the only thing to take

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It's good for the soul to take an occasional ludicrously out-of-the-way trip to see a band play, especially when that band is the mighty Mission of Burma. Lisa, Lauren, Aileen and I took the train down to Philadelphia yesterday afternoon, went record shopping (I got the Dee Felice Trio's In Heat, a weird little lounge-jazz trio album nominally produced by James Brown back in the late '60s; Aileen stocked up), and walked over to the Theater of the Living Arts, where we met up with or ran into Jen and friend, Geeta Dayal, Maura and Joe (with whom we stayed--thank you!), Andy Comer and friends, and seemingly most of the rest of New York. The openers were Oxes, who countered Burma's semi-infamous "NO NEW McCARTHY ERA" sign with their own "NO NEW McCARTNEY ERA" and were otherwise eh.

Burma, on the other hand, were incandescent. We were standing very close to the stage, and got the full glorious effect. In the 20 minutes between the first set and the second, Bob Weston looped a couple of lines Clint Conley sang--"I'M NOT JUDGING YOU I'M JUDGING ME / NOT NOT NOT NOT NOT NOT NOT NOT..."--and just left them alternating over and over, while somebody played some Captain Beefheart records over the P.A. Genius. By the second set, Lauren and I were phoning up friends' numbers with our cell phones to leave Burma-grams on their answering machines. And they encored with Brian Eno's "Seven Deadly Finns," with three-part harmonies. I really hope they put out the live album they've been talking about from this extended quasi-tour (this was their eighteenth show of a yearlong reunion)--their live sound, more than the sound of their studio recordings, is really what made them what they were and are, and Horrible Truth good as it is is not enough to sate my hunger.

Bookstore find of the weekend: Joan Wiener's 1970 Victory Through Vegetables, another of those sweet earnest early veggie cookbooks I love so much. This one has "a special selection of macrobiotic dishes by Barbara Thralls," but what made me buy it was her note on a recipe that calls for a teaspoon of MSG: "A lot of people are very down on MSG (monosodium glutamate), saying it can do funny things to your head. Personally, I have never felt any ill effects from consumption of MSG, but I thought it fair to warn you of other people's thing."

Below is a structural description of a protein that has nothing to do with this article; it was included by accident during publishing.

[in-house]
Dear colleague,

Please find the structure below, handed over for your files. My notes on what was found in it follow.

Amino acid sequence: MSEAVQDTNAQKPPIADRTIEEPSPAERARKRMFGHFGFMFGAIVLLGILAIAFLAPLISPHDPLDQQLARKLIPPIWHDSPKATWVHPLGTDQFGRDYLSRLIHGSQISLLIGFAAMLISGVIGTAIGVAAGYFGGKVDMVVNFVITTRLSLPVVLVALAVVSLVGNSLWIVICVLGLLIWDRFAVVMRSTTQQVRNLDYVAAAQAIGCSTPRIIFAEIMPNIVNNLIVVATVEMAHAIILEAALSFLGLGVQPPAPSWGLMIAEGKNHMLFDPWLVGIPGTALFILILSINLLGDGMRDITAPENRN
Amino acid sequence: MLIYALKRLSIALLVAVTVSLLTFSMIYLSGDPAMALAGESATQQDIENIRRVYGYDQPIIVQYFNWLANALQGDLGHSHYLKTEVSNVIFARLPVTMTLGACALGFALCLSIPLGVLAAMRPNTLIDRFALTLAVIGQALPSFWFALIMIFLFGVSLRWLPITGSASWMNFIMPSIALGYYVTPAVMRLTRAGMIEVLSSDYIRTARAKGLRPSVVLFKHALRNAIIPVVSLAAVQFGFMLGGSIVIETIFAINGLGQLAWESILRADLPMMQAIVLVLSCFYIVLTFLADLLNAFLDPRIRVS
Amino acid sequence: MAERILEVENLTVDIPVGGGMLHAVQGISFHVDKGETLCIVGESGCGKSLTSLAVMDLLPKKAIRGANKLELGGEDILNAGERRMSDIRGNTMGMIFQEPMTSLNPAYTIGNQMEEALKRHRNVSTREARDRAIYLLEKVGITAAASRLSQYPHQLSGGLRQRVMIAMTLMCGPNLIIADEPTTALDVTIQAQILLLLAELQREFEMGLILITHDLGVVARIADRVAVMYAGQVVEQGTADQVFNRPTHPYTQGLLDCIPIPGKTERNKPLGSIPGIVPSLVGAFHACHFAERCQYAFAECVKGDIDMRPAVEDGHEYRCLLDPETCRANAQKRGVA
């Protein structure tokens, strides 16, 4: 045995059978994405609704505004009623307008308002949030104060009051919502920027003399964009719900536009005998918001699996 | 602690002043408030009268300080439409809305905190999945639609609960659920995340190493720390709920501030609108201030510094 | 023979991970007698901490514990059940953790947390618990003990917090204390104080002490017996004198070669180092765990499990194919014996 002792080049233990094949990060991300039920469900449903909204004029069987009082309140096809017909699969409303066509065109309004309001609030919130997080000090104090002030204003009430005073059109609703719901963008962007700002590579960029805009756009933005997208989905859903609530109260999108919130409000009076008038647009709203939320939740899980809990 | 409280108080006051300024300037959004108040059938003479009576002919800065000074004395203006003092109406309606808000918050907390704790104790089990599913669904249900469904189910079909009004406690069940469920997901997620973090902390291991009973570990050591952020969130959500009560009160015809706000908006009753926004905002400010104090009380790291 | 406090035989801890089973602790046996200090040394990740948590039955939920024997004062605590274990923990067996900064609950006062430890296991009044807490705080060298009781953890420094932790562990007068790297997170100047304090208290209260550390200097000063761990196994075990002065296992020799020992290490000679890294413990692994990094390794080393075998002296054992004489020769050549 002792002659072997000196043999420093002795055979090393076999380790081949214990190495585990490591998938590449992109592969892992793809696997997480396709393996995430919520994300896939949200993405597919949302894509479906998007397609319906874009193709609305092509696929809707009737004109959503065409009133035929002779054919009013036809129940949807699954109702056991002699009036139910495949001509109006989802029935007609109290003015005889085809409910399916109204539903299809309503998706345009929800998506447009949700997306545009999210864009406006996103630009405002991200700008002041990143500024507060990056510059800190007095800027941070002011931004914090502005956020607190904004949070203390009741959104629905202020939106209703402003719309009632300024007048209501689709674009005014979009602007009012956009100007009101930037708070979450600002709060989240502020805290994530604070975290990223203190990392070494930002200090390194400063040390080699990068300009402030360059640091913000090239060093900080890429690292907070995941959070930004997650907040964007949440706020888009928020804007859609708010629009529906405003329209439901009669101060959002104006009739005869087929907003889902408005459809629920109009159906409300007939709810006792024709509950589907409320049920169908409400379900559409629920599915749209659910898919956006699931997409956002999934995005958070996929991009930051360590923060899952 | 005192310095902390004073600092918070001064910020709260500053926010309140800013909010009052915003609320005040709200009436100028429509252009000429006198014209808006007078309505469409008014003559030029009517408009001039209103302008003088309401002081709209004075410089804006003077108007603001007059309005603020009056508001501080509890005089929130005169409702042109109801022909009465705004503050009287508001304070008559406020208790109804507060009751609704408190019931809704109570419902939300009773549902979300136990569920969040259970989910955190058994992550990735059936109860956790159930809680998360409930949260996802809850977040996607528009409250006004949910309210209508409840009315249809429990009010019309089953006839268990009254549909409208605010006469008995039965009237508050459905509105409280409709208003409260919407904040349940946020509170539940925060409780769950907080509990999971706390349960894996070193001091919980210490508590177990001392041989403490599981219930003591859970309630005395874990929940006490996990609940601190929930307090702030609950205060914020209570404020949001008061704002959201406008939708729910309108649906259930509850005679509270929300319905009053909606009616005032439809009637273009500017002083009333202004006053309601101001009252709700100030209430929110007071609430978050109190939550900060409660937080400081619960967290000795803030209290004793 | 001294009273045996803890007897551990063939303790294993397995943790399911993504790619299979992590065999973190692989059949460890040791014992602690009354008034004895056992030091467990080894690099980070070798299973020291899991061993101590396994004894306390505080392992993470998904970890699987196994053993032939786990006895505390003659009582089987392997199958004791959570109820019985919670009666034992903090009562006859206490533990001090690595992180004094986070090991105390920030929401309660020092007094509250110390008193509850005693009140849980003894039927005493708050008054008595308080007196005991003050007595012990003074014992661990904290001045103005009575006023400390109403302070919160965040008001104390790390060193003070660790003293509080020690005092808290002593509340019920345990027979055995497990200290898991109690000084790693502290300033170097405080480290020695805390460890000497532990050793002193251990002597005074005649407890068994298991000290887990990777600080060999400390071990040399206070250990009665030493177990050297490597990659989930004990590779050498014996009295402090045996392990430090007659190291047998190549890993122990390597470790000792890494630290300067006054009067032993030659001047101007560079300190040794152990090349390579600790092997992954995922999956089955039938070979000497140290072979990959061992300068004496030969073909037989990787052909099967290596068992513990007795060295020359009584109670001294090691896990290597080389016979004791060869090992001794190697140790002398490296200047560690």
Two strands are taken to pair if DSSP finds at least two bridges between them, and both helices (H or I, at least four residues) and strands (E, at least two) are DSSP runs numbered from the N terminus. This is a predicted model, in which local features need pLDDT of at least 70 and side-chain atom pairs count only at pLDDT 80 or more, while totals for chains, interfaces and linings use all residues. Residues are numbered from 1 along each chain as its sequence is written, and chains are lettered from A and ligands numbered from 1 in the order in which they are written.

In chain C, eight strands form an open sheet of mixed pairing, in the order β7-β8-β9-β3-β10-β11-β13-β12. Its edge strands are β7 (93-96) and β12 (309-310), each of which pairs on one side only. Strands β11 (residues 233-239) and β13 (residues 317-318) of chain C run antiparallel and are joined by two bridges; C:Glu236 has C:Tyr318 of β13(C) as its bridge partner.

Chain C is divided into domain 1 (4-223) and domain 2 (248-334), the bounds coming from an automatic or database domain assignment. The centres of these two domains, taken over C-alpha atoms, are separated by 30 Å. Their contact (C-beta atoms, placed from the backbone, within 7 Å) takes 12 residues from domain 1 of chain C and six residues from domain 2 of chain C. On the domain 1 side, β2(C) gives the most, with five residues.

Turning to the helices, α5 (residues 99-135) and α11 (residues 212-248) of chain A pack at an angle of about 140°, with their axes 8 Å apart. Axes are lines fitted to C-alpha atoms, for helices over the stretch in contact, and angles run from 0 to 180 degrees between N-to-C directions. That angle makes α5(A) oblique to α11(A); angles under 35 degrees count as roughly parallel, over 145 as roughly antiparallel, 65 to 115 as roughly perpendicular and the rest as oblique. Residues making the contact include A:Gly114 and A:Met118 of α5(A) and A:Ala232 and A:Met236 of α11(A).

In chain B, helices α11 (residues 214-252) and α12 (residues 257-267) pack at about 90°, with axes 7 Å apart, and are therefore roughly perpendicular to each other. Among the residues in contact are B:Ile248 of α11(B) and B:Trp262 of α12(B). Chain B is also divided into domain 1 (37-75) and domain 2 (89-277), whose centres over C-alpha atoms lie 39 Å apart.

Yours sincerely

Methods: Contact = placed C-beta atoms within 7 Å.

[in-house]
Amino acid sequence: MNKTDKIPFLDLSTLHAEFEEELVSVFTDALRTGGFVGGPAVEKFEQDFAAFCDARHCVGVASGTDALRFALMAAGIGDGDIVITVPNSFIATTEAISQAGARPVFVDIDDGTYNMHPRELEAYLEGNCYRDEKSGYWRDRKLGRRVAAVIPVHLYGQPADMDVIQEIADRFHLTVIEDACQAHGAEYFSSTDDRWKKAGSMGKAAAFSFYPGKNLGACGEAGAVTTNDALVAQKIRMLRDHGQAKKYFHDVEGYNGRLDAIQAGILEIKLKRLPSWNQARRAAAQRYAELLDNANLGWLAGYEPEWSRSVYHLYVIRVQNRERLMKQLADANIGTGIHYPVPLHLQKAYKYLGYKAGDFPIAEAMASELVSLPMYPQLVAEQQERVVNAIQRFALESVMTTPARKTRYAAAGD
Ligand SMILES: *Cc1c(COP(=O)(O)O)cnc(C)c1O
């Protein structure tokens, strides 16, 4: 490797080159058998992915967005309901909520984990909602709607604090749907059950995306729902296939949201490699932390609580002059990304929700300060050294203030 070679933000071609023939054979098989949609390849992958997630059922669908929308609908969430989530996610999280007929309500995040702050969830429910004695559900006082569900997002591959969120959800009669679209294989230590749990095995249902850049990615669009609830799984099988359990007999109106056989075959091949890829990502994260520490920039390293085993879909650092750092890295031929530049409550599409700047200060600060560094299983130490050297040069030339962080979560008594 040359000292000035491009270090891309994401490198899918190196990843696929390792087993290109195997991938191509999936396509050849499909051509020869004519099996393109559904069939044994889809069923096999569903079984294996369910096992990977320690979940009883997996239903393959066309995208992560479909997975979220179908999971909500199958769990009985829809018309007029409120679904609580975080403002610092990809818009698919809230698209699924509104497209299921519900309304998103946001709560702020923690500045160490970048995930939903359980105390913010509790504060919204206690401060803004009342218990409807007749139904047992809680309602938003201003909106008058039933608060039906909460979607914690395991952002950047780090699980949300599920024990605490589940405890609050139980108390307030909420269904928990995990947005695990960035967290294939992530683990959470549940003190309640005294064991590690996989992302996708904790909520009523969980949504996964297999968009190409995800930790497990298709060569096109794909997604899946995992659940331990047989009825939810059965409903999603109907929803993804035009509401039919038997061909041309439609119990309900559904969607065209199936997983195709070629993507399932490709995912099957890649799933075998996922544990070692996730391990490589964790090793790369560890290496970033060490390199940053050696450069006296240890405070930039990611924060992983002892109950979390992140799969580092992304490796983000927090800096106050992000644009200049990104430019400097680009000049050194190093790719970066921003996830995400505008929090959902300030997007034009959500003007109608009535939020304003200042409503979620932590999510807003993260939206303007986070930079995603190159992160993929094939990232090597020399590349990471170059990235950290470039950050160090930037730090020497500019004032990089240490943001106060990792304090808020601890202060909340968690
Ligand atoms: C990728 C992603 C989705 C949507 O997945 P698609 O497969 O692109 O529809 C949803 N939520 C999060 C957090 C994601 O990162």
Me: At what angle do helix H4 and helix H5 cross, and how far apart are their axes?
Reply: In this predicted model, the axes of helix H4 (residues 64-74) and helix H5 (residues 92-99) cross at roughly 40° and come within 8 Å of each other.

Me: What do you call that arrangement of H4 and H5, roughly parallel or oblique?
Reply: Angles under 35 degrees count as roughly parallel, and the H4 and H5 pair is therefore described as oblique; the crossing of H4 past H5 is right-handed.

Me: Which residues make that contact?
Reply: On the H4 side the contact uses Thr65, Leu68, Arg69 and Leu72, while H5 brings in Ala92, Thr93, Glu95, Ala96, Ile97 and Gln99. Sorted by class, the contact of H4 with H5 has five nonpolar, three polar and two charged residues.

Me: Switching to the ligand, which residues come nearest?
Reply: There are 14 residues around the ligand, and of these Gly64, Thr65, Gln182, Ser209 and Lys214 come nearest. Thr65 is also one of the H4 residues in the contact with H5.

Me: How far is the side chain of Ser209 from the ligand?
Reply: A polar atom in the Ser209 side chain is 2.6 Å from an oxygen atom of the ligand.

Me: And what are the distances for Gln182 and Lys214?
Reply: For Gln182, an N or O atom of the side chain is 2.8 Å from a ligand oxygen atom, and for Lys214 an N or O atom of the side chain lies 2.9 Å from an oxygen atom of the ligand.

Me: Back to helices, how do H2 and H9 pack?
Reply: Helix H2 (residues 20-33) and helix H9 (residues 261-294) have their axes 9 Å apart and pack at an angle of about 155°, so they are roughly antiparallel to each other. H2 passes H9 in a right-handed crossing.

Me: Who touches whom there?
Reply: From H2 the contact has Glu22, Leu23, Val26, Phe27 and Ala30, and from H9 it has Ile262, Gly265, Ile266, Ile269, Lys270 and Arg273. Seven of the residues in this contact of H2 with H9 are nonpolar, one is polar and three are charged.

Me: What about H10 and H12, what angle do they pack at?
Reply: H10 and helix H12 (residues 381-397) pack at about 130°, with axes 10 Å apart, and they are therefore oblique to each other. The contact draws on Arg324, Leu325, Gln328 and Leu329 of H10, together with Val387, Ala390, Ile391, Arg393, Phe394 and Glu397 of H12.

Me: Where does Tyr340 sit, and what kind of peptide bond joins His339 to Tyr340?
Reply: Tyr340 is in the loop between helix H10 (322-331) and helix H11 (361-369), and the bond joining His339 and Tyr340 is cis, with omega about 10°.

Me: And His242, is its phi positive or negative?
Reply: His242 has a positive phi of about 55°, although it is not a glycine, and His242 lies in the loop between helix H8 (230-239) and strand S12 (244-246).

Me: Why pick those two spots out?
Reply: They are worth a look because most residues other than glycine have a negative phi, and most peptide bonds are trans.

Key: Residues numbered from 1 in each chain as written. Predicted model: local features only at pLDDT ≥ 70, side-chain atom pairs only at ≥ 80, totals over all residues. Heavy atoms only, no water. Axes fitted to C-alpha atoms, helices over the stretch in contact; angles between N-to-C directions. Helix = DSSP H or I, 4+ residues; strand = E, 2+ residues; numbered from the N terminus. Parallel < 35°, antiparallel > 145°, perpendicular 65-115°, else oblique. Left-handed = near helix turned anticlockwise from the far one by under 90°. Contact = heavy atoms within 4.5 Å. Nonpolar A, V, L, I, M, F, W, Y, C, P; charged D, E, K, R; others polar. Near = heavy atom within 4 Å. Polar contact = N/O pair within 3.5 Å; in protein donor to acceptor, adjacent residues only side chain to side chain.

Another new limerick, incidentally.


Liz said:

So THAT's what that was. I'm sorry to say that I actually thought it was a Black Flag recorded performance on my answering machine. Sadly, my answering machine isn't very hi-fi.

Thank you, thank you, thank you.

James Blount said:

saw Burma last Thursday, nearly wept when they went 'dada' into 'academy', hysterically muttered 'I never thought I'd get to see this' again and again to my friends like the drunked chump I was (am).

Aaron said:

I saw the Oxes open for Wire last year (thanks to Jen, who was on the spot with a free ticket) and they were so bad it was painful. They didn't seem to realize that irony does not change the ontology of what you're actually doing. If you're standing on a stage playing shitty math-rock jams and I SWAER TO GOD picking your nose, it doesn't matter if you don't "mean it".

Ander Fow said:

Oxes were great, Philadelphia were a bunch of ZOMBIES! Even Mission of Burma agreed with that. It was there most unfavorite show.

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This page contains a single entry by Douglas published on February 23, 2003 10:33 PM.

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